Diamonds of Physicochemical properties

Diamonds of Physicochemical properties

January 6, 2021 Off By Rob Prosser

Diamonds are a cubic polymorphic modification of carbon. This is one of the amazing properties of nature – from the same elements under different conditions to create substances that are not similar to each other. Graphite is another crystalline form of carbon and has opposite qualities. It is black, fragile, and easily soiled. It can be used to make crucibles, lubricants, and pencils. Under normal conditions, diamond and graphite show no attempt to change from one form to another. In order for the diamond to acquire a dark hue, it must be heated in a vacuum to a temperature of 1500Co.

Pure carbon has no color – these are absolutely transparent crystals, but metal impurities color the mineral in different colors. The mineral can be artificially colored by irradiation with neutrons or electrons. So it turns green or blue and does not lose color even when heated.

The properties of the diamonds stone are described in the table:

Color: Colorless, green, black, blue, yellow, red.

Luster: Diamond

Transparency: Transparent to Opaque

Mohs hardness: 10

Density g / cm3: 3.5

Refractive index: 2.4

The main property of the mineral is hardness. It ranks highest in the Mohs classification. Below it is a corundum with an indicator of 9 units, but there is a huge difference between them. The diamond is 180 times harder. But this does not mean that it is very durable. If the stone is hit, it will split parallel to the edges along with the cleavage directions. 

The myth about the strength of the diamond let down the mercenaries of Louis XI, who seized the jewels of Charles the Bold. They, checking the authenticity of the stones, split most of the treasury. After making sure it was glass, they threw away the debris. The property of diamond to crack was used by the mineralogist. He cheaply bought samples that were not faceted due to internal defects or irregular shapes, split them, and sold the fragments as separate crystals.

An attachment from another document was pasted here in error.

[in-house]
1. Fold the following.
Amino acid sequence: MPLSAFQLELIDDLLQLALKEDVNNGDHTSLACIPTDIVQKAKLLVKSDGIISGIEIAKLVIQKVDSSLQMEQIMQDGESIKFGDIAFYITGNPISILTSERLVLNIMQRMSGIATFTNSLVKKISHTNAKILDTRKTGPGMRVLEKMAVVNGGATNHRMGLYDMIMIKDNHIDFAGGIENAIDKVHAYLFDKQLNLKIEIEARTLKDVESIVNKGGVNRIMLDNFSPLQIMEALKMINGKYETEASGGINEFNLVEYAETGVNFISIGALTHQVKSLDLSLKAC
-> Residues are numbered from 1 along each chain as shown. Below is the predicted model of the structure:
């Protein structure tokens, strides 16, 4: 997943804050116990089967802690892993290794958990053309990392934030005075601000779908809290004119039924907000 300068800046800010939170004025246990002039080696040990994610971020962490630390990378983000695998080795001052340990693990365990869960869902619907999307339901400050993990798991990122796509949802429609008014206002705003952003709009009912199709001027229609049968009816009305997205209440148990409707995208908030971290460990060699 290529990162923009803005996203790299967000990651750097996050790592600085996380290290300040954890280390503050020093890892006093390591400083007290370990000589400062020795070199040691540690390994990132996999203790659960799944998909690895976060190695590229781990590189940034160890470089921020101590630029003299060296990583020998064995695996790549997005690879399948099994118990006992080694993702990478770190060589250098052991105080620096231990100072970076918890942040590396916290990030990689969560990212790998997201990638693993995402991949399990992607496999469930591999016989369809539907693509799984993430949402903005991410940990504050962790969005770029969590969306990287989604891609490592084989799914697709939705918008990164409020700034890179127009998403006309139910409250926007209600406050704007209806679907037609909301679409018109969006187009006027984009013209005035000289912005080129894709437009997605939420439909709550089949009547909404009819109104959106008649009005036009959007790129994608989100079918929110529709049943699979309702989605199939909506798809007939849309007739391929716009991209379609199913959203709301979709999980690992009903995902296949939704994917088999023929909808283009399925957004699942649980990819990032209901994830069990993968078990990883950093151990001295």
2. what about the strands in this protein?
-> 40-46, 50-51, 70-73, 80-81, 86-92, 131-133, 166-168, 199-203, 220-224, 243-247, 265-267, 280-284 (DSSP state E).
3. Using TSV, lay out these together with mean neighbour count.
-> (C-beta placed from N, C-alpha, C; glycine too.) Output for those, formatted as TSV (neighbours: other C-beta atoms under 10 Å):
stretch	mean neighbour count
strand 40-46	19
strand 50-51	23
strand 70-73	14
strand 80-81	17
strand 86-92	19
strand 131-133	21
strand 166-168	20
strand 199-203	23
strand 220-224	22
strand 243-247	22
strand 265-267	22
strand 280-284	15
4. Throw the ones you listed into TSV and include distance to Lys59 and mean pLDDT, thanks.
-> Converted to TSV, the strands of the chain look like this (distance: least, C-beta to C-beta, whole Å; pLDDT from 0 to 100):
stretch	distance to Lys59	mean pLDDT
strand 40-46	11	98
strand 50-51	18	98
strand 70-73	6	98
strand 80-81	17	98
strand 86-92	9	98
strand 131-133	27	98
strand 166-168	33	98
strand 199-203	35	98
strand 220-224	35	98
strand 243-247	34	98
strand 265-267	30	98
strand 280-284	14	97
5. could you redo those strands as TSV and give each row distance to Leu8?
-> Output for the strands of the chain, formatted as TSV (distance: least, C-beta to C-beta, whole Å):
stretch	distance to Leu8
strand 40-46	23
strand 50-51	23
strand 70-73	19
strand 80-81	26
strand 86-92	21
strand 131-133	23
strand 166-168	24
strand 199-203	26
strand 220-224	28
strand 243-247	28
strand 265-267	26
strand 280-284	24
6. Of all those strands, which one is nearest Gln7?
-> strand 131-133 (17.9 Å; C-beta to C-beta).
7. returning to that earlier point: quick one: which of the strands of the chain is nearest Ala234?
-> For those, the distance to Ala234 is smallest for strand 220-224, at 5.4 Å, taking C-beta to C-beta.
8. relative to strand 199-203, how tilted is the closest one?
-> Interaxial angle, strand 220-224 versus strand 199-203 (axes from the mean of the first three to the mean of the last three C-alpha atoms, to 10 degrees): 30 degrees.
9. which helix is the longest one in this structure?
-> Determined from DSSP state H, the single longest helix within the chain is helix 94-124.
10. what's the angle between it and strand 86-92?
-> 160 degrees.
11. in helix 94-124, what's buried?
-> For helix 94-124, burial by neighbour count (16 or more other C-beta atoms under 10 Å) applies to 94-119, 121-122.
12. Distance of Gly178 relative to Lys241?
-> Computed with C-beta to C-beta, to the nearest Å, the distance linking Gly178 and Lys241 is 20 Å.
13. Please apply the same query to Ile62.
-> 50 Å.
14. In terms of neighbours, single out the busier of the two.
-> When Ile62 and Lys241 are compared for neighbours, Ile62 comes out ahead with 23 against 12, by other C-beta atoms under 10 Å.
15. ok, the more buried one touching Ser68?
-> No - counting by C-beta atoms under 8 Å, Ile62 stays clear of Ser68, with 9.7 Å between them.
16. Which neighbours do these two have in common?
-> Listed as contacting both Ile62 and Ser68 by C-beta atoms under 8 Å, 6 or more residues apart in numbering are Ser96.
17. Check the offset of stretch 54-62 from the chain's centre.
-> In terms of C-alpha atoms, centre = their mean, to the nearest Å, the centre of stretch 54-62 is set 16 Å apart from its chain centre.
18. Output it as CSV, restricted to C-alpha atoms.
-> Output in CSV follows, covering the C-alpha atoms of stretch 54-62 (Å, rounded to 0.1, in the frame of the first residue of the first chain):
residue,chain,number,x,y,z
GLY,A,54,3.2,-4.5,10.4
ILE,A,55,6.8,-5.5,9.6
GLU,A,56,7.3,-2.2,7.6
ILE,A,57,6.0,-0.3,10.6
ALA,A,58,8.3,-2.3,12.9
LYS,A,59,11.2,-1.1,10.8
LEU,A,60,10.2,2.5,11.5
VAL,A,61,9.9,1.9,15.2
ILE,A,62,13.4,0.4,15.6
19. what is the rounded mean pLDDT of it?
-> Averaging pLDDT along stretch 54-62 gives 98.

The combination of hardness and a high degree of light refraction add up to this recognizable diamond brilliance. Some stones tend to glow in the dark after being exposed to the sun for a long time. Sometimes, if you rub a stone, it begins to emit a weak light.

The extracted samples are not lost. Pure and transparent crystals are polished to become luxurious jewelry. It is now the most expensive gemstone, the standard of brilliance and hardness. Less valuable samples are used in production. They are inserted into drill bits, engraving needles, glass cutters. Diamond grit is used as an abrasive for grinding.


The history of the diamond began in India. Koh-i-nor is mentioned in sources that are 3 thousand years old. The Vedas describe a place illuminated by diamonds and rubies, which were similar in brightness to planets. He is also mentioned in poetic poems. Even then, they studied its properties: hardness, durability, and refractive properties. They dedicated him to their most revered gods and decorated their festive garments.

He appeared in the West later. Theophrastus does not mention him in his “Treatise on Precious Stones”; it turns out that at the beginning of the 3rd century BC Western science did not yet know about him. It appeared between Theophrastus and Pliny, at the end of the 3rd century. Probably as a result of the campaigns of Alexander the Great, when communication with India was established.

Borneo is the second country after India to discover diamonds. But the account of the extracted mineral was almost not carried out. All raw materials were handed over to the Rajs, on the territory of whose principalities stones were found.

The next diamond country was Brazil. A priest from India who came to Brazil found it in gold ore. Later there were other deposits. Since then, Brazil has been one of the world’s first diamond suppliers.

In the 19th century, diamonds were found in Africa on the banks of the Orange River. Prior to that, local residents considered them to be talismans. It is said that an African farmer picked flints out of bricks at home and brought them to a local store to sell. As it turned out, he was trying to sell diamonds for next to nothing. Another case tells that local children loved to play with colored stones, which turned out to bechalcedony, cornelian, agate, and pomegranate. The boy was even lucky to find a 21-carat stone. Now Africa supplies the bulk of diamonds to the world market.

Another article on this blog that might interests you:

Diamond: Properties and uses